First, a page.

by Bruce Robertson
Once again I get to teach a group of children something of the history of ancient manuscripts and the art of illumination. In my review of The Ink Garden of Brother Theophane, I noted that my favorite resource for the subject is Marguerite Makes a Book. Robertson’s story outlines the process of making a book in the 1400s. The amount of information is just right for the age group I’ve typically introduced to the topic; third through sixth graders. Kathryn Hewitt’s enticingly detailed, winsome illustrations are lessons in themselves.
I don’t love this book for the story. Robertson resorts to the device of putting a child in the position of having to save her parents. Marguerite’s father, Papa Jacques, is the most famous book painter in Paris. But he is getting old and shaky, and his eyesight is failing. What will the family do if he isn’t able to complete the prayer book he’s working on for the wealthy and important Lady Isabelle? Well, Marguerite will have to do it for him!
We learn, when Marguerite goes with her father to the libraire to get the parchment pages on which a scribe has written the prayers for the book, that Papa Jacques doesn’t do the writing. While there, he also buys gold leaf and powdered gold. As they are leaving, Papa Jacques is knocked down by a careening wagon and his glasses get broken. Marguerite gets Papa home, puts him to bed, and sets out to finish Papa’s project.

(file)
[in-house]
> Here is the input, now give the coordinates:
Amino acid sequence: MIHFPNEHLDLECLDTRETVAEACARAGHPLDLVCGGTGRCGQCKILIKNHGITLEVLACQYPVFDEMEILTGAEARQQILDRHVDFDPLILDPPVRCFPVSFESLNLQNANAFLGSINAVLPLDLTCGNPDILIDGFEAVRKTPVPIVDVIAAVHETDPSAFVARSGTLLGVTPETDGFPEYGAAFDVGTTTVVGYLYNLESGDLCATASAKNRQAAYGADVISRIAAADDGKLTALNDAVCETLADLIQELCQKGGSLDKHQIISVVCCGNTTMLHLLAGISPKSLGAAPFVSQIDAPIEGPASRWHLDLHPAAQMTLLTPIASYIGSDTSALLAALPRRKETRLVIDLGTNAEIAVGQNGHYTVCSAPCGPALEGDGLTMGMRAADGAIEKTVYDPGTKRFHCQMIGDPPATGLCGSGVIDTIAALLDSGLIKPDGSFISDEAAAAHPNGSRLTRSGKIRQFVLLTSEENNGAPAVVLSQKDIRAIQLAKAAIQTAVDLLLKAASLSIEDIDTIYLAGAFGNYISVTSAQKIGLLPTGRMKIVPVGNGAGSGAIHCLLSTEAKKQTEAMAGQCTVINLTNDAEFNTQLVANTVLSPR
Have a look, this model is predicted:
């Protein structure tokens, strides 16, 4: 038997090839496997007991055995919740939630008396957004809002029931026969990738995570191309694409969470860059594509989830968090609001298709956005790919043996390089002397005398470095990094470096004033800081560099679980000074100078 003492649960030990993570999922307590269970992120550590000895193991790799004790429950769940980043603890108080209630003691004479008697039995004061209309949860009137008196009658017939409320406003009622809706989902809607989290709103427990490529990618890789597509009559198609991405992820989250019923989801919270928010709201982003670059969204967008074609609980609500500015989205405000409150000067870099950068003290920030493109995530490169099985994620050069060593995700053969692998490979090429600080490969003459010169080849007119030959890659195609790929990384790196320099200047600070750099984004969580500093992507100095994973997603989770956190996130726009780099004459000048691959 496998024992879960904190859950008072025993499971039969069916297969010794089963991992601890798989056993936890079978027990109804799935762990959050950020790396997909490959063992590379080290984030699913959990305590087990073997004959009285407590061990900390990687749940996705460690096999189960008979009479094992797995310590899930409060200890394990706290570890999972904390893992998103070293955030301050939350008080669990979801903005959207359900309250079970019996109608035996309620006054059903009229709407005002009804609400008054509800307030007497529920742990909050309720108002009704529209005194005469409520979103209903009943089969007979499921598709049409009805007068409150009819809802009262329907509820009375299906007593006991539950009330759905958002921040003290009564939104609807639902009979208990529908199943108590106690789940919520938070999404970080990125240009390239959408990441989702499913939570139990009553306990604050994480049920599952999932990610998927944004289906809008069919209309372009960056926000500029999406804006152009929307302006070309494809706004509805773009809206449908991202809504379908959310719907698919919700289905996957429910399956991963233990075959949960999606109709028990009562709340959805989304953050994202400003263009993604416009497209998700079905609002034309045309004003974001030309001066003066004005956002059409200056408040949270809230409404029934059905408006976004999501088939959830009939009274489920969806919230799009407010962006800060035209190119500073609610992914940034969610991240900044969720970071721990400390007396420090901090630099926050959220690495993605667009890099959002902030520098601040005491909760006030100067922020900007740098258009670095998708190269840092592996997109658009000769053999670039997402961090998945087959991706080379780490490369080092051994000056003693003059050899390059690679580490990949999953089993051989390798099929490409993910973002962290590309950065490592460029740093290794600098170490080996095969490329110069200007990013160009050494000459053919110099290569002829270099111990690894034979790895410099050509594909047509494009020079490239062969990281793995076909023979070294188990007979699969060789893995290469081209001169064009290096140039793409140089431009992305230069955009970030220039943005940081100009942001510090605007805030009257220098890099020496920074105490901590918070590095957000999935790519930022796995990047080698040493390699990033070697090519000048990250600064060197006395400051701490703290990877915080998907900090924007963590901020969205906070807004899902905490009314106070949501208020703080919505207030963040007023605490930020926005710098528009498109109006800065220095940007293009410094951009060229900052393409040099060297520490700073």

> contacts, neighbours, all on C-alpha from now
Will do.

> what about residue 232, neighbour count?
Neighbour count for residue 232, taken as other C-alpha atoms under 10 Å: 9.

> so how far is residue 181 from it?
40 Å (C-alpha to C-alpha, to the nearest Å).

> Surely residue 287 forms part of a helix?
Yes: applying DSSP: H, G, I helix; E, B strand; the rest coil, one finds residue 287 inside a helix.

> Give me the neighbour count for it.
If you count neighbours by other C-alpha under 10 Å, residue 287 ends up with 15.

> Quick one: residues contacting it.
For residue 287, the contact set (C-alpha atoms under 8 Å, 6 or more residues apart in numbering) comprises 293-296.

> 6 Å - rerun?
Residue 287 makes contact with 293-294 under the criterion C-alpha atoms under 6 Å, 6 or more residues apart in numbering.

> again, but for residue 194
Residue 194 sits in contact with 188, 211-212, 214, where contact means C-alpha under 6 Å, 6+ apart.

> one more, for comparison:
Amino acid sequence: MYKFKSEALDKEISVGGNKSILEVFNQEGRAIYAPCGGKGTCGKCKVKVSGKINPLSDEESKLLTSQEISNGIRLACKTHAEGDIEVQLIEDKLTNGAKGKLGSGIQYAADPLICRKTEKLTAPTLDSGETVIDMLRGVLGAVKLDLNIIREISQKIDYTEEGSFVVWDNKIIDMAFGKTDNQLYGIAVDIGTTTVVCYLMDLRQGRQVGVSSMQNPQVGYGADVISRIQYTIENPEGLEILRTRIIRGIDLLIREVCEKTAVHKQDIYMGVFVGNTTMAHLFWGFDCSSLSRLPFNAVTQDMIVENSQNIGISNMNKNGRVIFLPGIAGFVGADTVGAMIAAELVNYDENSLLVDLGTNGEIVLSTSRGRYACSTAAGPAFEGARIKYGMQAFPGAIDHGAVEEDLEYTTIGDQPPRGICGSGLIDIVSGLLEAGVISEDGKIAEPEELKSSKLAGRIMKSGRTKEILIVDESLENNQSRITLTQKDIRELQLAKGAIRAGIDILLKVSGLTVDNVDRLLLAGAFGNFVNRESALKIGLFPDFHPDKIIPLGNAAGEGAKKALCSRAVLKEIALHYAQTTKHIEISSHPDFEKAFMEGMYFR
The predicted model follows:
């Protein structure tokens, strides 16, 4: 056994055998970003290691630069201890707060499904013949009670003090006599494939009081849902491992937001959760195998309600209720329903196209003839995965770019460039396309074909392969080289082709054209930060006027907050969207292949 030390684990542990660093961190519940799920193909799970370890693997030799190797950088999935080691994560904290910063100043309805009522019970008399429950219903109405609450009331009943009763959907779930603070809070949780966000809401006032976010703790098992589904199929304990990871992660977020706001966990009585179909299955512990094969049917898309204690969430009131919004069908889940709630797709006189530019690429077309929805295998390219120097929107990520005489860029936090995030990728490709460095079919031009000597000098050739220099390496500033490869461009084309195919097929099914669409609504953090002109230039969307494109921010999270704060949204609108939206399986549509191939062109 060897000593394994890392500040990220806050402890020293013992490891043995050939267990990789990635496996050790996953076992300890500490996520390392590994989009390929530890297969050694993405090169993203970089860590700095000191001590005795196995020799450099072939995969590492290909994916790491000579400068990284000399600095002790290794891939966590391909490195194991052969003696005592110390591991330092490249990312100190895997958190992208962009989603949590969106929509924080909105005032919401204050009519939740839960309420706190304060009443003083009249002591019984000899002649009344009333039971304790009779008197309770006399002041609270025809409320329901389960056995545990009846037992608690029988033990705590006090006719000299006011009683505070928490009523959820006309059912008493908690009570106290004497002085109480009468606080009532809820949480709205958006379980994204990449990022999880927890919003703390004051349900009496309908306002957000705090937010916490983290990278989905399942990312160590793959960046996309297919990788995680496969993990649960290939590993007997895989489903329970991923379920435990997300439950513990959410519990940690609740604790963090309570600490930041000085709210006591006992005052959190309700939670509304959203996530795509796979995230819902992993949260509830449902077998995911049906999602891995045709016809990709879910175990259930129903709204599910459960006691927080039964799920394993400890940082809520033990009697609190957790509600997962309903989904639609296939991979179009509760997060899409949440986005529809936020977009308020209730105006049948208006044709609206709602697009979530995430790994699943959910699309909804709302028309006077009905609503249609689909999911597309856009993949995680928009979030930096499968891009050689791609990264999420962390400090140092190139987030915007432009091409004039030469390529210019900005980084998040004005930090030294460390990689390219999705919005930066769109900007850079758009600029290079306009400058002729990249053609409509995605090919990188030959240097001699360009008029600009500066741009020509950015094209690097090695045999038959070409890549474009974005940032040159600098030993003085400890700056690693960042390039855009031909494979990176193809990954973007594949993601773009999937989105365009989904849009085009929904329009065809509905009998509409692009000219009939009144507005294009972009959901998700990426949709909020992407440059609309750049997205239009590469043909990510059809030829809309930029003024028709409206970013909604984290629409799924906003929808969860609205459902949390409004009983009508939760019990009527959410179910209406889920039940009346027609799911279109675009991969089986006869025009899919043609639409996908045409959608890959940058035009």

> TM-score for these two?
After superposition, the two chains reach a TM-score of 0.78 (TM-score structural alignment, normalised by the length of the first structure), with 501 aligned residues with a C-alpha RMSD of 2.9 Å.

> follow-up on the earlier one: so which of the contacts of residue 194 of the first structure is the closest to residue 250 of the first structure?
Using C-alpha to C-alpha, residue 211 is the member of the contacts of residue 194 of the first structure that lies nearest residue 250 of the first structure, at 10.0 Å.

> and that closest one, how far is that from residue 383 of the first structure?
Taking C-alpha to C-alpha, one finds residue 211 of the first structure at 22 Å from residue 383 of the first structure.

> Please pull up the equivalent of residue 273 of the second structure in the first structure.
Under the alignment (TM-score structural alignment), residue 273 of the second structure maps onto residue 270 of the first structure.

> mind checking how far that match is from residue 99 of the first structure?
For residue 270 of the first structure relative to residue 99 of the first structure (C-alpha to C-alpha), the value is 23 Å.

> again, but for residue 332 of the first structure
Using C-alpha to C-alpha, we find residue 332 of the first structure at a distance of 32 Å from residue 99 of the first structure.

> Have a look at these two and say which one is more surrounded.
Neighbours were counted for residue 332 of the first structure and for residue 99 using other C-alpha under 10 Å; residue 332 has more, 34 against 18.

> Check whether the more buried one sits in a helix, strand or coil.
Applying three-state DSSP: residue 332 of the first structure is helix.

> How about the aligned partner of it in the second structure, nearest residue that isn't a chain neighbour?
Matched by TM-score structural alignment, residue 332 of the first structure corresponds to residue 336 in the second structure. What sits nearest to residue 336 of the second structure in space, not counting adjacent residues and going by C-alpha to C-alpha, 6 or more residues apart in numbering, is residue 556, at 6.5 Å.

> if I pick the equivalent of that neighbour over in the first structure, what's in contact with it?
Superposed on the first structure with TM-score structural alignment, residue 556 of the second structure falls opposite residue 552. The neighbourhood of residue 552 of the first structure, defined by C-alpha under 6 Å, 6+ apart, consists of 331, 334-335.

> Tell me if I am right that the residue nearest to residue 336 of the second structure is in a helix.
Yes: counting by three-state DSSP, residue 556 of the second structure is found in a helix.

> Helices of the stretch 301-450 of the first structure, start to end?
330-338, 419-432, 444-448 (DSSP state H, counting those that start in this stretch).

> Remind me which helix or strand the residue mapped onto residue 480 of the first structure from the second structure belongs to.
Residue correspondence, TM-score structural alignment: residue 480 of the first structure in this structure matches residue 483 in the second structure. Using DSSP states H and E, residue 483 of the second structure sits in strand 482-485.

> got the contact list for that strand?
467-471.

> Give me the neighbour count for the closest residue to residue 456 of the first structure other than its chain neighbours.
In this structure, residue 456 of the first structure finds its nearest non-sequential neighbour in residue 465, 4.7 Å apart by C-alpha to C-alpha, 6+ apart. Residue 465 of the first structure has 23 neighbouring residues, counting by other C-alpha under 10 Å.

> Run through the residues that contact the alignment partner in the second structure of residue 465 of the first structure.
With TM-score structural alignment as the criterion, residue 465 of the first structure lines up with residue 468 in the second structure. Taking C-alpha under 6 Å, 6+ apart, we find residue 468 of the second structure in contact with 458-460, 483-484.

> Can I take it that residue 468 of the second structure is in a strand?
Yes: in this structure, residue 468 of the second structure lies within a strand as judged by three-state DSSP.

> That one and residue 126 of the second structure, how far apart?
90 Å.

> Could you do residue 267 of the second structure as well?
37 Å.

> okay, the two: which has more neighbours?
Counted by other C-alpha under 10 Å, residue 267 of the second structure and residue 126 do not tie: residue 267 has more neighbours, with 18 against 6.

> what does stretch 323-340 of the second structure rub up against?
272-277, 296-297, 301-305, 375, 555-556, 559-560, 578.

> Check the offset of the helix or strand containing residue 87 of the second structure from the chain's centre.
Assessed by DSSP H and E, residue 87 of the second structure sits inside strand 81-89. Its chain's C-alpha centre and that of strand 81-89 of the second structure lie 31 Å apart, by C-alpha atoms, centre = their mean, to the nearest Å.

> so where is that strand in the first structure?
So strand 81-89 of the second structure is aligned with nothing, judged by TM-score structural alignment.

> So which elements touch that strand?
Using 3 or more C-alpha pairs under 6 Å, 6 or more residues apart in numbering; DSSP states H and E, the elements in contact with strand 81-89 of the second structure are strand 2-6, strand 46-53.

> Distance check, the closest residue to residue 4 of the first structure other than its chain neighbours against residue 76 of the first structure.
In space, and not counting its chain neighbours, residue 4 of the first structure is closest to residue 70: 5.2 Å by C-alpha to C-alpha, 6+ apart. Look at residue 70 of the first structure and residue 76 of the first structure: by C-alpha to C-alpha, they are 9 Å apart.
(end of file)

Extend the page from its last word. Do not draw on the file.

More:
Marguerite has to begin by obtaining all the elements of a book. First she goes to the man who prepares parchment, and we see calf skins stretched on frames and being scraped. From there, she goes to the market for goose feathers for pens, and eggs for mixing paints. Then, on to the apothecary, where she buys various ingredients for different colors of paint.
Back home, she gets to work.
Two fold-out pages give us a four-page spread illustrating how Marguerite makes her paints. She really knows her business!
Just as she finishes, Lady Isabelle’s steward knocks at the door demanding the book. Before Papa Jacques can explain that it isn’t ready, Lady Isabelle sees the finished pages lying on his workbench. She is, of course, delighted with the book.
And with that, Papa’s and Marguerite’s work was sold to the noble Lady Isabelle and Papa kept his reputation as the finest painter of illuminated manuscripts in all of Paris–with the finest apprentice.
The story is followed by a glossary of the technical terms used in the book, and an author’s note about the manuscripts that inspired him.
Brother Theophane’s vines, berries, leaves, and flowers are quite appealing to me, and the margins are full of excellent examples of variations of Celtic knots. The swirls and vines of Brother Hugo are riotously imaginative, and the story is told with good humor. But if I had to choose one picture book as a resource on the subject of manuscripts and illumination, I would choose Marguerite. There are more details of the process, in words and pictures, than in the other two books. I appreciate the pages on which the artist has left parts of the designs unfinished so we can see what needs to be done. The illustrations of 15th century daily life alone make a wonderful jumping-off place for further study of the times.
However, I hope that if you decide to study the subject, you won’t have to choose just one book!